So I would like to be in a position to do that. I mean, a lot of folks -- virtually all of them on the first list -- I released 58, I think -- were people that are unknown to most Americans. They're not people with money or power or influence. And I think that -- I wish I could do some of them; I am going to try. I'm trying to get it out of the system that exists, that existed before I got here, and I'm doing the best I can.
QUESTION: You gave wrap-up foreign policy speeches in London and in Nebraska. Do you have any other speeches -- summation speeches planned for other policy areas?
CLINTON: Yes. I expect I'll do one in domestic policy. I'm trying -- we're looking for a venue, and after the first of the year, I'll probably do at least one more.
Thank you all very much. Thank you.
WATERS: President Clinton in the Oval Office on the occasion of his appointment of Roger Gregory to the U.S. Fourth Circuit Court, something the president said he has been trying to accomplish for five years: get an African-American appointed to that district, which comprises the largest African-American population. Other business: the president attending to the pardons. You heard the rest.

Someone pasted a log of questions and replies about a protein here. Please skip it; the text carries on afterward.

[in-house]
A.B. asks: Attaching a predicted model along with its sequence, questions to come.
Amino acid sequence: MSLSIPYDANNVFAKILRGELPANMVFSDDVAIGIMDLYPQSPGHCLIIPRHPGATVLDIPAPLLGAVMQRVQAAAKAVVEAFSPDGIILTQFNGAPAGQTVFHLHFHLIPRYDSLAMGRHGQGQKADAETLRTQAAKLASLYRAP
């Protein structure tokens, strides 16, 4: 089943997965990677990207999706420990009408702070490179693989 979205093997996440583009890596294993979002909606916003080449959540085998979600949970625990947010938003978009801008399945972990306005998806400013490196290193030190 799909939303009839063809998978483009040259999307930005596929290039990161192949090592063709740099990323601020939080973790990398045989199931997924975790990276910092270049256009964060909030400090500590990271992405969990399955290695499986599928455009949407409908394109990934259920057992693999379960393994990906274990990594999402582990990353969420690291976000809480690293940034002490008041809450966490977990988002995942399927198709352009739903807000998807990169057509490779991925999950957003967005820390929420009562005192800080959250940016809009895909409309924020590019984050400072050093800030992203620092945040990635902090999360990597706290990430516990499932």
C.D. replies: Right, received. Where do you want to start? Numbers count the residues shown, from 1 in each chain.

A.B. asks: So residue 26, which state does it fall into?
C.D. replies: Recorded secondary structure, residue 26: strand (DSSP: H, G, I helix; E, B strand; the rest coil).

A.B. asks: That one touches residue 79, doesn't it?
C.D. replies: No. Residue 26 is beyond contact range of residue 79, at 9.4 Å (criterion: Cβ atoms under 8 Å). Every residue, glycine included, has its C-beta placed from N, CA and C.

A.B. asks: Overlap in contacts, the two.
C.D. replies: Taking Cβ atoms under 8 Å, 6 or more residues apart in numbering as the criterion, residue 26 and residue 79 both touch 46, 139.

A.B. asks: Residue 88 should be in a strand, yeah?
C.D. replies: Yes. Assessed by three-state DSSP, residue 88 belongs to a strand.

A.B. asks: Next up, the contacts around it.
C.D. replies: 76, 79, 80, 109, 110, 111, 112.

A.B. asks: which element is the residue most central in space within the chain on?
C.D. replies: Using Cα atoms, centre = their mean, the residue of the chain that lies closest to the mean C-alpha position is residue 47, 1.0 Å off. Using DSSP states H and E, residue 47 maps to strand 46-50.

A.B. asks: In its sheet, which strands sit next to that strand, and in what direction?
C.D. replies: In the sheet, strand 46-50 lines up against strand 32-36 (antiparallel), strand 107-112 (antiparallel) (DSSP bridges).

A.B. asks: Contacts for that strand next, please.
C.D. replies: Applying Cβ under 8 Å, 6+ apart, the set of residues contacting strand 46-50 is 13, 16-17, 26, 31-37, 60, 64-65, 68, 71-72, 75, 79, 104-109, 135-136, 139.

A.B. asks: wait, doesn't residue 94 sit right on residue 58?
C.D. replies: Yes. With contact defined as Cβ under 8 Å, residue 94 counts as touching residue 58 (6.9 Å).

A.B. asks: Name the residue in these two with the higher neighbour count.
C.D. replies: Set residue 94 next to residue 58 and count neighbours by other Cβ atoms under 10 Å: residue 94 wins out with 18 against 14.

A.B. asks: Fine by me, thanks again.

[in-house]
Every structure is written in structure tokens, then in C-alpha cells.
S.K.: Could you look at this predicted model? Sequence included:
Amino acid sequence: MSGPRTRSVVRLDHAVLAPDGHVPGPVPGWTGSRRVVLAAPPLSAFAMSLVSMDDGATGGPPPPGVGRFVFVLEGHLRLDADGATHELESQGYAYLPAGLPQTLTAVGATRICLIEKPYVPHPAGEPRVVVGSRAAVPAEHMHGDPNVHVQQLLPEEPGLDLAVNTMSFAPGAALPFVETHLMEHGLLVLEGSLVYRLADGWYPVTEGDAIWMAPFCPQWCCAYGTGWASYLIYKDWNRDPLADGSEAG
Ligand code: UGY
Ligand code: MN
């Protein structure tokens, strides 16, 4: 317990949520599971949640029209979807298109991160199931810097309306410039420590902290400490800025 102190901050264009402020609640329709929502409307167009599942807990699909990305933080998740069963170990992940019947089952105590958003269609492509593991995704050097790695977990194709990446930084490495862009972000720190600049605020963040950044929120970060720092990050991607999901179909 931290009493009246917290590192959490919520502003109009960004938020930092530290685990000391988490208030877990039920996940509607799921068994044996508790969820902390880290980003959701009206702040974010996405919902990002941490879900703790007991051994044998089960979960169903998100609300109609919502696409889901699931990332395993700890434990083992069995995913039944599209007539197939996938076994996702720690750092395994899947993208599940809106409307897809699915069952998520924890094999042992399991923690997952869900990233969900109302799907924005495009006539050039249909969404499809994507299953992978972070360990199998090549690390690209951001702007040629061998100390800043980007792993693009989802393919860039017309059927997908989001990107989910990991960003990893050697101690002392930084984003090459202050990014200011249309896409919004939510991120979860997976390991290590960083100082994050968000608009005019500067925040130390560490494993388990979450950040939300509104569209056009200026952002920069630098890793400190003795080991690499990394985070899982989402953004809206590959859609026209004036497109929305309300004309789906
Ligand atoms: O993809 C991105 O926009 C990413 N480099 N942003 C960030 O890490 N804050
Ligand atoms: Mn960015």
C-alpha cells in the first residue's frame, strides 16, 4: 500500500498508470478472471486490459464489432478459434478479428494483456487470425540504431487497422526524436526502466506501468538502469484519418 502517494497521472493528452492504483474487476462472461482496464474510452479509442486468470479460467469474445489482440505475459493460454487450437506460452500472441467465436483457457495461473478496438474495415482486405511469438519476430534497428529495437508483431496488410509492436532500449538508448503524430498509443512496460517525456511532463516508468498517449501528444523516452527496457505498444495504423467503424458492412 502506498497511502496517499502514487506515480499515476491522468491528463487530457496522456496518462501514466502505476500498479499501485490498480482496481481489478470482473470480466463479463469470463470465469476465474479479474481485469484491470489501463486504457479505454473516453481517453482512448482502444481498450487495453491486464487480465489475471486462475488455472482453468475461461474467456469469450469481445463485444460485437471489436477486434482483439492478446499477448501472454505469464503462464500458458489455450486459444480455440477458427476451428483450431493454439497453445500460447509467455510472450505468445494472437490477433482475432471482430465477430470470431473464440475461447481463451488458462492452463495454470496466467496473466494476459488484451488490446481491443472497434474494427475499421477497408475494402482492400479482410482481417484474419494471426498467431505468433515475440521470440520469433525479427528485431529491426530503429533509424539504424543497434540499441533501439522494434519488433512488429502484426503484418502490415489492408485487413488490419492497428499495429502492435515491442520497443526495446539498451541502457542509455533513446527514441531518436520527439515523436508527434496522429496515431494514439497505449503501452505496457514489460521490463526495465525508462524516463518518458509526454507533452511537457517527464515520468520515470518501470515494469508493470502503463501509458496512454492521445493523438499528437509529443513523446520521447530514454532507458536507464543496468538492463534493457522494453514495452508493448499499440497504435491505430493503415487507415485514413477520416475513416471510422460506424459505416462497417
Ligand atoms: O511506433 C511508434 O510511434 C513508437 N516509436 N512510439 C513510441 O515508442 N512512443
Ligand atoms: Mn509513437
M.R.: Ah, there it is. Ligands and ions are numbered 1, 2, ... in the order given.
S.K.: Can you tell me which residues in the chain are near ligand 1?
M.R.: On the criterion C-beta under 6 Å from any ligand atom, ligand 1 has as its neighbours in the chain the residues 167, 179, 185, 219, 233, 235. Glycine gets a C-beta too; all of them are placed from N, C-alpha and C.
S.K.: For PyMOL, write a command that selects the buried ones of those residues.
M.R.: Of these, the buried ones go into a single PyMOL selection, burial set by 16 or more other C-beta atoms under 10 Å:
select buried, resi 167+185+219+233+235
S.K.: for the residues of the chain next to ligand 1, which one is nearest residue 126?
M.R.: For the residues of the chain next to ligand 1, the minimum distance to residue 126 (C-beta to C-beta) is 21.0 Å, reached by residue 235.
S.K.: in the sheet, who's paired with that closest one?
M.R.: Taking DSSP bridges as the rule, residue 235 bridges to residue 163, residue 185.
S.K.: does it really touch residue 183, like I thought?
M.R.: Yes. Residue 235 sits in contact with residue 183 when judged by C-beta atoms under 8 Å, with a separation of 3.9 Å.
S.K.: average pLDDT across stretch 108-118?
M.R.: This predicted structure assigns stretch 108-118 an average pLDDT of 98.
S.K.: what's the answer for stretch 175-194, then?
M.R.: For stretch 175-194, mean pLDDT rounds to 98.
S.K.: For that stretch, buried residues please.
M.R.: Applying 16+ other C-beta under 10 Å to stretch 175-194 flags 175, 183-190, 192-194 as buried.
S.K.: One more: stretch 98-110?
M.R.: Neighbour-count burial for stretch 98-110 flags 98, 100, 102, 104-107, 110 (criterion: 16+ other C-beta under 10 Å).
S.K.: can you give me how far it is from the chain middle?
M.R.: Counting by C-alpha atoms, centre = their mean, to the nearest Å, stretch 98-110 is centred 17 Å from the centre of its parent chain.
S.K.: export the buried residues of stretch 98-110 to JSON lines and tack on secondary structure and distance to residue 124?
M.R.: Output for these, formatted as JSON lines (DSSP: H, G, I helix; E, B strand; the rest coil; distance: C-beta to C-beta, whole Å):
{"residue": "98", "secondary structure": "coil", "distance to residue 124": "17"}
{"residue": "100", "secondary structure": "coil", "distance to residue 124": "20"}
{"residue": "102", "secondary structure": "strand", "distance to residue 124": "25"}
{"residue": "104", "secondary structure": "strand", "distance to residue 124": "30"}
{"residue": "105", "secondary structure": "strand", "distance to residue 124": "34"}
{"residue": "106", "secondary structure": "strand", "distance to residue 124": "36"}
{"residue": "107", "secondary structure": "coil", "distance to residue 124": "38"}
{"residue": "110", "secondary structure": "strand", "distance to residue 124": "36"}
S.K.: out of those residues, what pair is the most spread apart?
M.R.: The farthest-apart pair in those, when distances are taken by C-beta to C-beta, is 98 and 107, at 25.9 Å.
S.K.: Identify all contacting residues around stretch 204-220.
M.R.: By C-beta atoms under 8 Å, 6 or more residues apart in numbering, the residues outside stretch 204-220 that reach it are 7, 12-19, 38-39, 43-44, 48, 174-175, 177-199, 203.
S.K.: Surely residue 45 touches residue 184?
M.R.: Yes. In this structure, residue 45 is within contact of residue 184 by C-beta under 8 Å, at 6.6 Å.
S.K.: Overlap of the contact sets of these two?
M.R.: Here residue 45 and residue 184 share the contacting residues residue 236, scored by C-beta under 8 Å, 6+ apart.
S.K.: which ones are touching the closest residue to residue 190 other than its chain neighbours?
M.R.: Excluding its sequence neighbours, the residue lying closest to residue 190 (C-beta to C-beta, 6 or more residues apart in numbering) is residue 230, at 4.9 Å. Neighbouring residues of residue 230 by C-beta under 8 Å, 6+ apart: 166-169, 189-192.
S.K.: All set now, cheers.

The last question floated by him there was his quest for a home in the Washington, D.C. area. You know the president and first lady made a bid on a house over the weekend. But it was too low. So that deal didn't go through. He only has got about three weeks left. But he is still doing business. And one of the most important pieces of business, as we know, is this quest for peace in the Middle east.
We have CNN White House correspondent Roger -- or rather, Major Garrett with us.
I am sorry, Major.
MAJOR GARRETT, CNN WHITE HOUSE CORRESPONDENT: That's all right.
WATERS: The president said the less that he says, the better. But we do know that he has received a response from Palestinian leader Yasser Arafat. A response has been characterized as neither an acceptance or rejection of the U.S. proposal. What's it all about?
GARRETT: Well, Lou, really what it's all about is, the Palestinians have asked for more time. And the administration expected that they would do just that. They don't really consider this a bump in the road at all. What they are looking at is this meeting tomorrow between the Egyptian president, Hosni Mubarak, the Israeli leader, Ehud Barak and the Palestinian leader, Yasser Arafat.